Sports betting is illegal in all but Nevada, Delaware, Montana, and Oregon, but Americans are still expected to wager a staggering $95 billion on NFL and NCAA college football games during the fall and winter, $93 billion of that total being placed illegally.
In fact, betting on football is actually a bigger revenue generator than the NFL itself, and it’s not even close as the league produces around $12 billion annually.
The Professional & Amateur Sports Protection Act (PASPA) of 1992 mandates on the federal level that betting on professional and collegiate athletic competitions is illegal, with the four aforementioned states being given special privilege due to pre-PASPA laws.
But citizens in all 50 states continue placing unlawful bets on contests, and with the emergence of daily fantasy sports (DFS) becoming a multimillion-dollar marketplace, gambling on football is richer than ever.
With revenues forecasted to reach $95 billion this season, one can argue that Americans are addicted to sports betting.
Taking into account that the sale of cocaine, heroin, marijuana and methamphetamine is estimated to be a $100 billion per year, sports betting is nearly as profitable as the illegal drug trade, albeit the practice has a much larger population to pool from than narcotics.
According to the American Gaming Association (AGA), decriminalizing sports betting would create a safer industry for all involved and stop customers from having to rely on illegal gambling networks that often “fund violent crimes and drug and human trafficking,” per the AGA’s press release.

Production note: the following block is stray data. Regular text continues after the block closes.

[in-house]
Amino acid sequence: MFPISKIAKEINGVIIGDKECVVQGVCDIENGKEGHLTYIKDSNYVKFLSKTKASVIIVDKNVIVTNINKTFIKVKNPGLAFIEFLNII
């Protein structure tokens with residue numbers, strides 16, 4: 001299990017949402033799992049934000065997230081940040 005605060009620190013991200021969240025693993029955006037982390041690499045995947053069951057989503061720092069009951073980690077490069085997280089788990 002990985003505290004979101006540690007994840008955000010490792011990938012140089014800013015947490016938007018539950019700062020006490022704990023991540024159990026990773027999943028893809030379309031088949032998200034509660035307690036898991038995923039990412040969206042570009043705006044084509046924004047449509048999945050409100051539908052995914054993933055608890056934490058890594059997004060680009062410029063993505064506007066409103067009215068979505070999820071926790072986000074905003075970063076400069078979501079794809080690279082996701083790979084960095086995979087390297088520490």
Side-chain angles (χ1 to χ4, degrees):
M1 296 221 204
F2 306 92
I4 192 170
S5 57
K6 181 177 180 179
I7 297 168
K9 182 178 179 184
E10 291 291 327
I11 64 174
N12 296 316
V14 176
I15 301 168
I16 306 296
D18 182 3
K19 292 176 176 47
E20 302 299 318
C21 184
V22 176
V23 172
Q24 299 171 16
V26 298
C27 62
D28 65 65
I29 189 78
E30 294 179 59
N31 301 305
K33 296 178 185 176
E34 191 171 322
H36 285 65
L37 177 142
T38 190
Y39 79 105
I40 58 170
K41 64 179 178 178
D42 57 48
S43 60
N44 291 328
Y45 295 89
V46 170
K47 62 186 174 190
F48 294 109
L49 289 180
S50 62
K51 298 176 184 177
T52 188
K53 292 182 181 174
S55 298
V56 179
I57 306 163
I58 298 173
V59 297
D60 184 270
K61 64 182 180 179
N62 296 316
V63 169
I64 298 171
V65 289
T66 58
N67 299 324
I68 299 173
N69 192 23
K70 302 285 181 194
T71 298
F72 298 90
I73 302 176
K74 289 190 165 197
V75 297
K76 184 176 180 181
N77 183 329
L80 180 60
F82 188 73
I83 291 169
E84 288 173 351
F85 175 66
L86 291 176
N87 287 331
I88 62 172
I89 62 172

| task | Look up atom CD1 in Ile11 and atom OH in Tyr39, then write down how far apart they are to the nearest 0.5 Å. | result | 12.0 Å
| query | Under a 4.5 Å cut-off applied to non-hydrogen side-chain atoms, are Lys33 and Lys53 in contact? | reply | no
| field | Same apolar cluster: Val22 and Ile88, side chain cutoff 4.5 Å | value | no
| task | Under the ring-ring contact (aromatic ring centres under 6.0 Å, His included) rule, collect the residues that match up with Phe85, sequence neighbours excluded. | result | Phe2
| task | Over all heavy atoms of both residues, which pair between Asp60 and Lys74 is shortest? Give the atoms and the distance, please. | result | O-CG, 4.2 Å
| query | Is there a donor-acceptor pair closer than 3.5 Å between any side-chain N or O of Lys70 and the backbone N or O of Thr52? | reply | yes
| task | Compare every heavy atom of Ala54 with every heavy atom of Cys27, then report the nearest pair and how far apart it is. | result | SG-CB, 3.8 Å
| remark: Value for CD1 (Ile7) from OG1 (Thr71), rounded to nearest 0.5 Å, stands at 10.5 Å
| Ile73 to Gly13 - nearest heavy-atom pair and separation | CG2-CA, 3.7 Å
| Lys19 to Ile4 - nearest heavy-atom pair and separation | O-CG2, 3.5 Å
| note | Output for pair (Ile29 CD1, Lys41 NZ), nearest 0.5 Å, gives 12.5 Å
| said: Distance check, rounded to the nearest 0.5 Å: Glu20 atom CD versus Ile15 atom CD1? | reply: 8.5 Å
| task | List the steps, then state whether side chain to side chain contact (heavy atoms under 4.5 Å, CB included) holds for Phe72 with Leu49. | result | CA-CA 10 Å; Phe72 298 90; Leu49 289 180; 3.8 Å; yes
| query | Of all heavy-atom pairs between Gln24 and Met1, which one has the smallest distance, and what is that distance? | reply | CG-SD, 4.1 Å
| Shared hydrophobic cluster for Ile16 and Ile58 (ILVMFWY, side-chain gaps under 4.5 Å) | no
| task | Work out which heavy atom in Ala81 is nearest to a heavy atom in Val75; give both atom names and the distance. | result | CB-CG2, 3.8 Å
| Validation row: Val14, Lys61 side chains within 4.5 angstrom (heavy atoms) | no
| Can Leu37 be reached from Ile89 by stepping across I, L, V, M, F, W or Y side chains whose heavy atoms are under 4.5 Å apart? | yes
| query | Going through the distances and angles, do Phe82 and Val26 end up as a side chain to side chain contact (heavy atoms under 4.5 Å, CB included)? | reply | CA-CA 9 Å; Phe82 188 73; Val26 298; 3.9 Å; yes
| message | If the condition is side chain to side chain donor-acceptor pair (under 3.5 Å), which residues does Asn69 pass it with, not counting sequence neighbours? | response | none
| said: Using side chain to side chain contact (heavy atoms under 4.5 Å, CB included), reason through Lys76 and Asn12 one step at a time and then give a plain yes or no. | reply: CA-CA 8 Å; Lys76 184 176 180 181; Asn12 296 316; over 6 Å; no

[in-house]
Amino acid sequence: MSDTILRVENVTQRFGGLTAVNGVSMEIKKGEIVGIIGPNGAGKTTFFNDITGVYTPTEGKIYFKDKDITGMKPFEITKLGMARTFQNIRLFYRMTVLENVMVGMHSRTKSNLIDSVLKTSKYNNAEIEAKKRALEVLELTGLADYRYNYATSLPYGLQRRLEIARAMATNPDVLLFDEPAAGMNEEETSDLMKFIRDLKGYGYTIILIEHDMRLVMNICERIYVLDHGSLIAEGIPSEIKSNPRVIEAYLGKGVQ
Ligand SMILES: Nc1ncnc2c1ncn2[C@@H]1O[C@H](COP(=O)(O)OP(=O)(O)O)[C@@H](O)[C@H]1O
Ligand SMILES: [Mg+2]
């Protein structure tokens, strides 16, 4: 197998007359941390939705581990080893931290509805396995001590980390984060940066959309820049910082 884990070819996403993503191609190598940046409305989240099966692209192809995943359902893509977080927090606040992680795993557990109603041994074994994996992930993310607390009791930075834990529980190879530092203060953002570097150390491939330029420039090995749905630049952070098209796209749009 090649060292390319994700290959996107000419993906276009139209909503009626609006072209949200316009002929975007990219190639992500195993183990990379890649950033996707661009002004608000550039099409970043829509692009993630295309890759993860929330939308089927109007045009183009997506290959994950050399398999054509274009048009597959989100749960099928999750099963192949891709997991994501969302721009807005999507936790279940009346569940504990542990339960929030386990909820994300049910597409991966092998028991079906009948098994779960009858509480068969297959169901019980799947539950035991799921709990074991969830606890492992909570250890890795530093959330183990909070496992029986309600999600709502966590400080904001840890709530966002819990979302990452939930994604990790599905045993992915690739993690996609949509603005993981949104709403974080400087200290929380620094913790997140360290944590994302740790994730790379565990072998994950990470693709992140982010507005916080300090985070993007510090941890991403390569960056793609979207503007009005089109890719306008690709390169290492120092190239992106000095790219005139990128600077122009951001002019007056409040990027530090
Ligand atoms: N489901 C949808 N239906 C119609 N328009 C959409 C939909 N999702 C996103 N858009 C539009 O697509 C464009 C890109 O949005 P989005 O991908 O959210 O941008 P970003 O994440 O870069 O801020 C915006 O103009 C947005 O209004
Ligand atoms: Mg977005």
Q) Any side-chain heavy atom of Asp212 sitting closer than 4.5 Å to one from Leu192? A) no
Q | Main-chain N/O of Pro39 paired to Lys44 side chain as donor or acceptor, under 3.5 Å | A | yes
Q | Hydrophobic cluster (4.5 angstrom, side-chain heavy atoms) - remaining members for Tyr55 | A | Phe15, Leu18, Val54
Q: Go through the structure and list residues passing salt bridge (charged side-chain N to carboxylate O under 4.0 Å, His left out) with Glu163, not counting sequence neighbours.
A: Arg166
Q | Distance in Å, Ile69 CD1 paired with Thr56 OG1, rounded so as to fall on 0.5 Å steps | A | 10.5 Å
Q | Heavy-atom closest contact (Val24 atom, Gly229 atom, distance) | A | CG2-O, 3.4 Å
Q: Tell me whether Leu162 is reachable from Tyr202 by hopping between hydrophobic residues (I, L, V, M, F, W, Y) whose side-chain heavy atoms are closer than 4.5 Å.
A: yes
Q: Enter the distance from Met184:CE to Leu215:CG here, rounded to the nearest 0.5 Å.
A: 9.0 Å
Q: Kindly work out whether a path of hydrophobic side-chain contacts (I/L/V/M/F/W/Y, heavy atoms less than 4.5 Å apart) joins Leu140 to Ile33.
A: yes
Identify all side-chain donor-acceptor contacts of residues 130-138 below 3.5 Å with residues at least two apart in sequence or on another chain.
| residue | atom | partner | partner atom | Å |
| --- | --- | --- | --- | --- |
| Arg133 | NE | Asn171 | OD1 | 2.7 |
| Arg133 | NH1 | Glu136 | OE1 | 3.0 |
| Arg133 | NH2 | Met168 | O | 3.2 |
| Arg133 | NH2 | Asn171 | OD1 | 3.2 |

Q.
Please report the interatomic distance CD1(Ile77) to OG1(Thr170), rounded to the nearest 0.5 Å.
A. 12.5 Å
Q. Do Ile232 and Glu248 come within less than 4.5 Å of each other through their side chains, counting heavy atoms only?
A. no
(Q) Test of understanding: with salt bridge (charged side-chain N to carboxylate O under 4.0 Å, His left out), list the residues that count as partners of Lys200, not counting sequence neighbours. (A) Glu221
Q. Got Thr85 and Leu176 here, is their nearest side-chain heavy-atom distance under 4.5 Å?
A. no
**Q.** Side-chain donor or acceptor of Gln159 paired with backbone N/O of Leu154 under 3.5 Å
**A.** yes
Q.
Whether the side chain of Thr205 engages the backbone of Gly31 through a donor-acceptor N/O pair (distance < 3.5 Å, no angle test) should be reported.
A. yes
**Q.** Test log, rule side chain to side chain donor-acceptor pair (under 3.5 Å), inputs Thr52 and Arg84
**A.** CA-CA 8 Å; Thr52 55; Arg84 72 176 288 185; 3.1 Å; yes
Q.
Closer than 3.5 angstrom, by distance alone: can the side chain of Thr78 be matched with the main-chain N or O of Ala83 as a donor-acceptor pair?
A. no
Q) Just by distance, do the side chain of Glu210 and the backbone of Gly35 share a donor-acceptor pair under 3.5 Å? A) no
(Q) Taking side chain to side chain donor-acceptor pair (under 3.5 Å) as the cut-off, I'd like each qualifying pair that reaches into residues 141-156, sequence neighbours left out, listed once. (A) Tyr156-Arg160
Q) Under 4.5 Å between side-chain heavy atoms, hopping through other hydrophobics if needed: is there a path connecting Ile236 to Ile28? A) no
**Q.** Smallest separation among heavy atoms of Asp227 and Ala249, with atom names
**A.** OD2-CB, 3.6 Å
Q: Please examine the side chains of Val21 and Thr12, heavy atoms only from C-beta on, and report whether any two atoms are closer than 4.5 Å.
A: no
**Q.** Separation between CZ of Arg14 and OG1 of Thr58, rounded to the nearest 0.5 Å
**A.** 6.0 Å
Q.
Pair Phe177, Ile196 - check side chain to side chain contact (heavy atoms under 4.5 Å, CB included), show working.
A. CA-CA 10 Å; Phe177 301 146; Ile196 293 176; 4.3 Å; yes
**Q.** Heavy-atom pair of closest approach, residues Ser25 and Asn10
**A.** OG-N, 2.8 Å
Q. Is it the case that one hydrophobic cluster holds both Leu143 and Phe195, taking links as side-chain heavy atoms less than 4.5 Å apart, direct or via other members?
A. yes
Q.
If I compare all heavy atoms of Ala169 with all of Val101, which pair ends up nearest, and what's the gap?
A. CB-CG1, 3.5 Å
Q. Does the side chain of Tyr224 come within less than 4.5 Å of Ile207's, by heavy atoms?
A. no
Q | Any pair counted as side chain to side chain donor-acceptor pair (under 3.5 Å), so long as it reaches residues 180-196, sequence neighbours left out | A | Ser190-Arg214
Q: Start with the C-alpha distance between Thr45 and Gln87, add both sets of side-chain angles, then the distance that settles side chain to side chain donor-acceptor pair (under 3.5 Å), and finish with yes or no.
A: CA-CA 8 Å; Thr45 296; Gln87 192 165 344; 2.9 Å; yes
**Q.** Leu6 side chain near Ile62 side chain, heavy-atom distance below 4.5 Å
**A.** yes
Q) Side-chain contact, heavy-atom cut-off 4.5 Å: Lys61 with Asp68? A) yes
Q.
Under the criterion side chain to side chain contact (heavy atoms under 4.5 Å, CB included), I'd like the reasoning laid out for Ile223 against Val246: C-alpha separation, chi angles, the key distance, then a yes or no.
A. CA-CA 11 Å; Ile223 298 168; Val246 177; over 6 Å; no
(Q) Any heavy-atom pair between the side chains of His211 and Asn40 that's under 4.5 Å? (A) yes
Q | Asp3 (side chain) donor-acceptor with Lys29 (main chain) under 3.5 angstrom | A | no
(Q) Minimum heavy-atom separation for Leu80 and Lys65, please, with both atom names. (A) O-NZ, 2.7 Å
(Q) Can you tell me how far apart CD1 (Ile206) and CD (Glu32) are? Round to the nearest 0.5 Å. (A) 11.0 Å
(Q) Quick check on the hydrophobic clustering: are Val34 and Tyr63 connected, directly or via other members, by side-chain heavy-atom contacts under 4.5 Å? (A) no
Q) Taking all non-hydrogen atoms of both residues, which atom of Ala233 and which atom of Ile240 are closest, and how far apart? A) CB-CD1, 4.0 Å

“Illegal sports betting is reaching new heights of popularity in America,” said Geoff Freeman, AGA president. “It’s clear that a federal ban on traditional sports betting outside of Nevada is failing.”
Over $3.8 billion was wagered on last year’s Super Bowl alone, with just $100 million bet legally on the New England Patriots and Seattle Seahawks showdown.
ESPN and several other networks have gone so far as to cover sports betting spreads and lines, updating games as they relate to covers.
“Sports betting has been carefully considered over a long period of time,” ESPN recently said in a statement. “We recognize that fans are increasingly interested in this conversation… Our mission is to serve fans and we believe this is consistent with that.”
Daily Fantasy Review
It’s downright impossible to watch a televised sporting event without seeing an advertisement for FanDuel, DraftKings, or other DFS network.
Through a loophole in the Unlawful Internet Gaming Enforcement Act (UIEGA), the federal mandate that bans online gambling, DFS networks are escaping current policies by claiming its users require skill to win.
45 states currently allow daily fantasy betting, and nearly four million paying customers are playing on DraftKings and FanDuel, the two leading platforms that control some 95 percent of the North American DFS market. The fall football season has been deemed critical for DFS operators who’ve invested heavily in marketing campaigns.
“With all this money and marketing, if they can’t show accelerated growth this year maybe this industry will never become mainstream,” Adam Krejcik, an Eilers Research analyst told the Wall Street Journal.
For now, sports betting might not be an accepted activity legally, but at $95 billion for football alone, it’s irrefutably mainstream.